Phase one of the analysis, which lasted about 18 months, involved developing algorithms for basic building components like power, cooling and square footage.

The second phase consisted of creating computer-generated mock-ups of the 24 floors Kirkland will occupy in the 57-story building and testing various scenarios for installing the different tech configurations being considered. This phase was completed last Autumn just as the building was breaking ground.

The final phase, which is still under way, involves the actual programming of floors right down to where the secretaries will sit and what kind of telephone headsets they will be wearing. The firm expects to move into the building in the second quarter of 2009.

A critical consideration in all three phases was the human equation. "You have to know what your company culture is before you can choose the right technology," says Kirchhoefer.

For instance, a key question for most high-tech buildings is whether to install raised floors to accommodate the wiring for individual workstations. The upside is that it makes reconfiguring floors much easier. The downside is that it increases the total height of the building and thus the total cost.

"We studied the way we do business and realized we don't work in a bullpen environment where business units come and go and desks are being constantly rearranged," says Novak. "That's not part of our culture, so for us, there isn't a lot of value in spending the extra money it would take to raise the floors."

In all three phases, Novak has worked closely with both Skidmore, Owings & Merrill, the architects designing Kirkland's floors, and also with Baker Robbins & Co., a technology consultancy based in the US. (The building itself is designed by Pickard Clinton.) Baker, says Novak, provided "base level engineering" on IT-related mechanical, electrical and plumbing issues and also advised on future technology projections.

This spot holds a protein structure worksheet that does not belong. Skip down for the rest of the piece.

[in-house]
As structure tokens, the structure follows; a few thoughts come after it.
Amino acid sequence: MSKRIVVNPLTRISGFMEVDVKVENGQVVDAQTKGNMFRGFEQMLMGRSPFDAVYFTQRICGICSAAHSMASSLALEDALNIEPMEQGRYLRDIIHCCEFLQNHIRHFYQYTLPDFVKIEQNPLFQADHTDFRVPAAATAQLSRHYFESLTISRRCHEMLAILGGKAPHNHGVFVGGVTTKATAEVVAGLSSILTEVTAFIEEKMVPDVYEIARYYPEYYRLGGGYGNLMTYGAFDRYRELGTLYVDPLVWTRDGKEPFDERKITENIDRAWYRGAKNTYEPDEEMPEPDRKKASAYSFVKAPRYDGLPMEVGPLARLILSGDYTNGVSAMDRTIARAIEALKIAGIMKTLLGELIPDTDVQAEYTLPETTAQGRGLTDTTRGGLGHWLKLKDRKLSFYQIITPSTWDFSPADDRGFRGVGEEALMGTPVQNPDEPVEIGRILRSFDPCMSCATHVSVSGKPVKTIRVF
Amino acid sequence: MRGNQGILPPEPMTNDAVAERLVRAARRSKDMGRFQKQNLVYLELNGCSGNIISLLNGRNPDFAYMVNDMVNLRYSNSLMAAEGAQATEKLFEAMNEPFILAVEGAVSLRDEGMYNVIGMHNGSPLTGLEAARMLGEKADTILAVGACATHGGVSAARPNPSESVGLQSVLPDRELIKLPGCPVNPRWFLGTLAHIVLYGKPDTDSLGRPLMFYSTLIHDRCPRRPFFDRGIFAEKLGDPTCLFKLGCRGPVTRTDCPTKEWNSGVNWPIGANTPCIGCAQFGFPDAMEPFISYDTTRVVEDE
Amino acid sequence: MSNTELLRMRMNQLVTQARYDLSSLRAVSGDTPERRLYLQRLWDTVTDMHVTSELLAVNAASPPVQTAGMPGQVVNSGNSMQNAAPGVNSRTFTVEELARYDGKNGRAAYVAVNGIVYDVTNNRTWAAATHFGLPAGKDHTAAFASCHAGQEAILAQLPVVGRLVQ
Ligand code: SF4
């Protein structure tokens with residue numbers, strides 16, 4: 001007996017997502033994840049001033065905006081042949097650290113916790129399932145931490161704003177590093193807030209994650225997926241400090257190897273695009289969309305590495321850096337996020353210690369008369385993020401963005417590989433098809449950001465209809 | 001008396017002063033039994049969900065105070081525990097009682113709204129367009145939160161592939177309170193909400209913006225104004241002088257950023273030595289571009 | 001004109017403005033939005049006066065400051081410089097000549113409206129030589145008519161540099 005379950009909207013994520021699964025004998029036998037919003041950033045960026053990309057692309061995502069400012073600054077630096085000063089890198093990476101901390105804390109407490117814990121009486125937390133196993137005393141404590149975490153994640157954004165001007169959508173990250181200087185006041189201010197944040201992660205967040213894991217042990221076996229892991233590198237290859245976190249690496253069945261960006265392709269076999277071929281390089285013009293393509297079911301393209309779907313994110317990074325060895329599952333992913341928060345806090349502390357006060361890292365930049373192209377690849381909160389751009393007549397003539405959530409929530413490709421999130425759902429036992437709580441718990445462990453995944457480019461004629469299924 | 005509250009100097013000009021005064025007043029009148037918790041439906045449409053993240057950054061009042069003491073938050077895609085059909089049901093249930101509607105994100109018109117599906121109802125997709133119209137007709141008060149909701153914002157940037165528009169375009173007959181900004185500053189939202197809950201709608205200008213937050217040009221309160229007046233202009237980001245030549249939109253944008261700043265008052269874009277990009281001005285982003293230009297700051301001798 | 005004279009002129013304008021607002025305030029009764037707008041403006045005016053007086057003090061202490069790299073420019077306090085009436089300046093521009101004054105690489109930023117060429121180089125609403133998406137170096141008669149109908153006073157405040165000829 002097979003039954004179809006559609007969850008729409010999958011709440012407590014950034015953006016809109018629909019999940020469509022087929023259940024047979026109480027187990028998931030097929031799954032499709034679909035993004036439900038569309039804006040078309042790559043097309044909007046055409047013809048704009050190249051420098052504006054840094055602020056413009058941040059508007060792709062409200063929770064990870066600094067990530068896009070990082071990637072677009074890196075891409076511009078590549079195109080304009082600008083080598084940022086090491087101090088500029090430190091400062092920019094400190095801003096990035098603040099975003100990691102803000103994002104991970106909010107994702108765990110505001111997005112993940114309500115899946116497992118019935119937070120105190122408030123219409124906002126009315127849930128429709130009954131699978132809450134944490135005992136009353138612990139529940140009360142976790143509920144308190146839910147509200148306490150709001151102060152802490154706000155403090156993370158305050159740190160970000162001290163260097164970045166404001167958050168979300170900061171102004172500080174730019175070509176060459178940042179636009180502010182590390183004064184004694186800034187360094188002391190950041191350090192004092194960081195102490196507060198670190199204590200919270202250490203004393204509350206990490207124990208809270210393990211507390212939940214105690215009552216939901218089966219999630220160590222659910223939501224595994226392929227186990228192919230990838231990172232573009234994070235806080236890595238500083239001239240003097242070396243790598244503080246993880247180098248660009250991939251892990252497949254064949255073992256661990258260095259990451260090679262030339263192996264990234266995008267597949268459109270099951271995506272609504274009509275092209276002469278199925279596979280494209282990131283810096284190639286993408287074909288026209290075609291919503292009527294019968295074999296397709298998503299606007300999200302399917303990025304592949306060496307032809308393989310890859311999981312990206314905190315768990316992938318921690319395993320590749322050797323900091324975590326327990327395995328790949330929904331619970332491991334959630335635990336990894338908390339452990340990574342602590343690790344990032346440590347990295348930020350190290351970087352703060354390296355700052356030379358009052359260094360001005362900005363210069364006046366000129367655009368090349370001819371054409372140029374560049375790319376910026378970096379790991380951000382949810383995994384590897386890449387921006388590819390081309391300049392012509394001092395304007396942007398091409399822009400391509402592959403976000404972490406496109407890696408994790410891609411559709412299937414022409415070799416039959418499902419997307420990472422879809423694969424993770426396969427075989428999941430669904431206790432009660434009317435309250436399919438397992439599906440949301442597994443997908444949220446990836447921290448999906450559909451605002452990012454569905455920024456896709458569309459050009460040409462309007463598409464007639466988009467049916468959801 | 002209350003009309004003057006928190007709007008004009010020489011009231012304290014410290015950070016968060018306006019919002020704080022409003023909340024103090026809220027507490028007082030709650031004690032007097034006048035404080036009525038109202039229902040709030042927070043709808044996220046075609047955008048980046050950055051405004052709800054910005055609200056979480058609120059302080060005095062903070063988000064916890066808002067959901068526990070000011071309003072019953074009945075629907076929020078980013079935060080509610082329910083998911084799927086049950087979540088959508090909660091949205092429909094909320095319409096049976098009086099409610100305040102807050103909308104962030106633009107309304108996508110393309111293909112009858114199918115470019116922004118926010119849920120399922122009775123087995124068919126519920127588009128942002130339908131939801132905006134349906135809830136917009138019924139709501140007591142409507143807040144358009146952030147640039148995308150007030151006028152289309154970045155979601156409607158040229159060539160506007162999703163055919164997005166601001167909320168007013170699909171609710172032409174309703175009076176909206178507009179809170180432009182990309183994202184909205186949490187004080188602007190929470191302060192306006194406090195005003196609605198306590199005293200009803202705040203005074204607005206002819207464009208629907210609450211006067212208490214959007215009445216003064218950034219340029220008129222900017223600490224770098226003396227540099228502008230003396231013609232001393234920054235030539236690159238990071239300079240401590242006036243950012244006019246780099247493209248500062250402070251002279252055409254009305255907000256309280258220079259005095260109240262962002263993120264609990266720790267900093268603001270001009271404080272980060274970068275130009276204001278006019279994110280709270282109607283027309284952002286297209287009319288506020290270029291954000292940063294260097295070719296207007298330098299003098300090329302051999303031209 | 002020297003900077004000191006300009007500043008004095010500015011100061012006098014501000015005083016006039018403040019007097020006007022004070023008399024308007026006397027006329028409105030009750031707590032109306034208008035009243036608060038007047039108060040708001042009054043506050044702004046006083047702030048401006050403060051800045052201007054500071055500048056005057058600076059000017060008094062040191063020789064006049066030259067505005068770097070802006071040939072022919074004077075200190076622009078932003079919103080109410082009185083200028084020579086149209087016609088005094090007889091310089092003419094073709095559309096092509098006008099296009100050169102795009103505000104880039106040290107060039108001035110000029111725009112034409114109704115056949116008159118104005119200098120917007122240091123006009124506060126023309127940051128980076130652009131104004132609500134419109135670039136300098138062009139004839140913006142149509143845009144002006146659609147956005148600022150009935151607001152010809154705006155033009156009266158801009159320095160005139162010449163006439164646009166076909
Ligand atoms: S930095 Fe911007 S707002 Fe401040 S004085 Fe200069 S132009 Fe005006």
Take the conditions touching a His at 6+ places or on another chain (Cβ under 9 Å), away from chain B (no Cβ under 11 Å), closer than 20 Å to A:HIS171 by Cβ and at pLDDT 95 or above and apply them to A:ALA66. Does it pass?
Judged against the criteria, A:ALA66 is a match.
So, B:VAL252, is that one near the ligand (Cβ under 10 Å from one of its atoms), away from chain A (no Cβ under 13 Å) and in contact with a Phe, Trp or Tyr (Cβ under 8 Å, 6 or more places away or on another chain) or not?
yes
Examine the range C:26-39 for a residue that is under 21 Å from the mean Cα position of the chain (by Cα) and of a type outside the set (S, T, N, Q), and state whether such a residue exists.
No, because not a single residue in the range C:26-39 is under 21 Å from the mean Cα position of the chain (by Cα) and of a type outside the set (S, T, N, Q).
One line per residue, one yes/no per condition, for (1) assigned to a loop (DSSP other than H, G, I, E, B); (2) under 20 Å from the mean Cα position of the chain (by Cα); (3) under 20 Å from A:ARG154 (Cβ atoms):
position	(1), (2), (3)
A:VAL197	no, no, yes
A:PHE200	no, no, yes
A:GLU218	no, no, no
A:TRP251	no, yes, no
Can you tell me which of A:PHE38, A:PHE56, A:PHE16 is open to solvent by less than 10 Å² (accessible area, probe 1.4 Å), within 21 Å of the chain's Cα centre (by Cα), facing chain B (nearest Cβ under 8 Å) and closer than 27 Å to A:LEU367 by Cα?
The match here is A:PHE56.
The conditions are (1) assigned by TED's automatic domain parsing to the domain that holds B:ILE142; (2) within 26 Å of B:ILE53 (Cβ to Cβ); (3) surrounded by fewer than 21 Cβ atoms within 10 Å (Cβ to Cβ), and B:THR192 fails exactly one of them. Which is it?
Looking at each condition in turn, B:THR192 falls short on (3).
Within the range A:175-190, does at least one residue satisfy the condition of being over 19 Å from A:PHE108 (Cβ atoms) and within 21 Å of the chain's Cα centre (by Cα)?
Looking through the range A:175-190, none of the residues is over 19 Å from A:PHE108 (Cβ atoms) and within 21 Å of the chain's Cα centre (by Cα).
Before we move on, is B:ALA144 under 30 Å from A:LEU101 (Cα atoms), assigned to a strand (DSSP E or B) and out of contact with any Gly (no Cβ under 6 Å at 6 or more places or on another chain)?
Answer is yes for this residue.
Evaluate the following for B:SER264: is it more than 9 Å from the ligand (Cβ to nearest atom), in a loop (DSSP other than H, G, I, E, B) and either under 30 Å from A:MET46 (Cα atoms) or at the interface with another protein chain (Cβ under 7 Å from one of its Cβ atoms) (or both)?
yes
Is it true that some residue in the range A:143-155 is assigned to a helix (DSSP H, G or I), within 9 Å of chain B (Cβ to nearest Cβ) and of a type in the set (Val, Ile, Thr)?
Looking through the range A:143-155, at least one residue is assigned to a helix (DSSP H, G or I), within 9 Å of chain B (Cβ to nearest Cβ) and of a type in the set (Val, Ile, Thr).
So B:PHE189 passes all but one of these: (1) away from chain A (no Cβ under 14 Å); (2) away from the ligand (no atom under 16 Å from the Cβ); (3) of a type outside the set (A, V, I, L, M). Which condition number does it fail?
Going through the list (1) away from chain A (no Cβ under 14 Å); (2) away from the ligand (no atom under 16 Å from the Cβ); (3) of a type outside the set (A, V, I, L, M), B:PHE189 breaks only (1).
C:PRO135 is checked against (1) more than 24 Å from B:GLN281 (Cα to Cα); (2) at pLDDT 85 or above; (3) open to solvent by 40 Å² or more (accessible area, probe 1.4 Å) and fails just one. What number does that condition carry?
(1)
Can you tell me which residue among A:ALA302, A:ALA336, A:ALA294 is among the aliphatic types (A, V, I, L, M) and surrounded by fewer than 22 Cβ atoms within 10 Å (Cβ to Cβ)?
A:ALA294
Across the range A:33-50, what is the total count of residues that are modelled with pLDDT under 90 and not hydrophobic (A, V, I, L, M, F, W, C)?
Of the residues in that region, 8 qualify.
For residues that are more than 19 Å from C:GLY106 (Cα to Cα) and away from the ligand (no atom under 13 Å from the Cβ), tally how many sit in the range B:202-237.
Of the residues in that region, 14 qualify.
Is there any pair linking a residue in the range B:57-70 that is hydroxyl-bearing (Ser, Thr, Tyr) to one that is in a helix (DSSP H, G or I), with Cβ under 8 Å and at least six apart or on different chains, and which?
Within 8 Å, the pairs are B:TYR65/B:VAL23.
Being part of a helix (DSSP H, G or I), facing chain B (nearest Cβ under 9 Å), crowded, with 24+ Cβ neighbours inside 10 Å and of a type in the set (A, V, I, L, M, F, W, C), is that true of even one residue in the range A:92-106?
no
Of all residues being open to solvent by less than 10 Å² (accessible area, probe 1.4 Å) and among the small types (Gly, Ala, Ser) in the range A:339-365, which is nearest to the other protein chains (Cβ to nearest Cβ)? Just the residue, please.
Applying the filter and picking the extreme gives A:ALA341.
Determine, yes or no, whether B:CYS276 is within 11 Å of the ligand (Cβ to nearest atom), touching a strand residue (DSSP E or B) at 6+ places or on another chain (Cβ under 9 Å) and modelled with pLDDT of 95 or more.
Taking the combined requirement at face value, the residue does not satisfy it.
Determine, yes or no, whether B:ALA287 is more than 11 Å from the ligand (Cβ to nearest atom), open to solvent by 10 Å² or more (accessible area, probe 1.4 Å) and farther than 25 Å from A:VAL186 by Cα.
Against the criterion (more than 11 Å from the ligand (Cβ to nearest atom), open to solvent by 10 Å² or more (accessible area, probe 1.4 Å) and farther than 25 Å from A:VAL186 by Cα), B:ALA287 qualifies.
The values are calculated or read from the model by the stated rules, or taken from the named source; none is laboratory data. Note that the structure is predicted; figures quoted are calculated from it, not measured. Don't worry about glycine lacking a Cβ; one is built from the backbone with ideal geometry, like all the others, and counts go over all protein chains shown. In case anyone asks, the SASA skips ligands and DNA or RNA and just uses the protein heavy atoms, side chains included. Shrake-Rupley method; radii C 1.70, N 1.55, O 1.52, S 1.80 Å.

"Tech expectations are higher today for things like speed, availability and simplicity," says Richard Tomlinson, managing partner of Skidmore. "In the laptop age, people don't want to be attached to a wall. You have to work closely with IT people to design that kind of flexibility into the overall infrastructure of a building."

The building will provide basic Wi-Fi service for Internet users in public areas and conference rooms, and Kirkland is installing its own Wi-Fi system for use by its employees. In order to facilitate the transmission of wireless signals, the firm has requested gypsum ceiling tiles throughout its space. Gypsum — unlike metal — is a neutral building material that doesn't interfere with electronic signals.

Steve Falkin, a principal with Baker Robbins, believes there has been a fundamental shift in the expectations of large companies and developers.

"To a great extent today, large tenants assume that they will be fairly self-sufficient in terms of tech and will have their own networks and systems. They're not going to be totally dependent on the tech buildout of the base building," he says. ("Base building" means the four exterior walls, any space that is not occupied by tenants, such as the lobby, plus whatever utilities are required by a given city's building code.) "But they also assume that the base building will not constrain what they want to do and may even support whatever program they're pursuing by providing space for multiple service providers [of] Internet connectivity, phone service, cable TV and satellite communications. Kirkland — because they got in early — was able to make sure that this did, in fact, happen."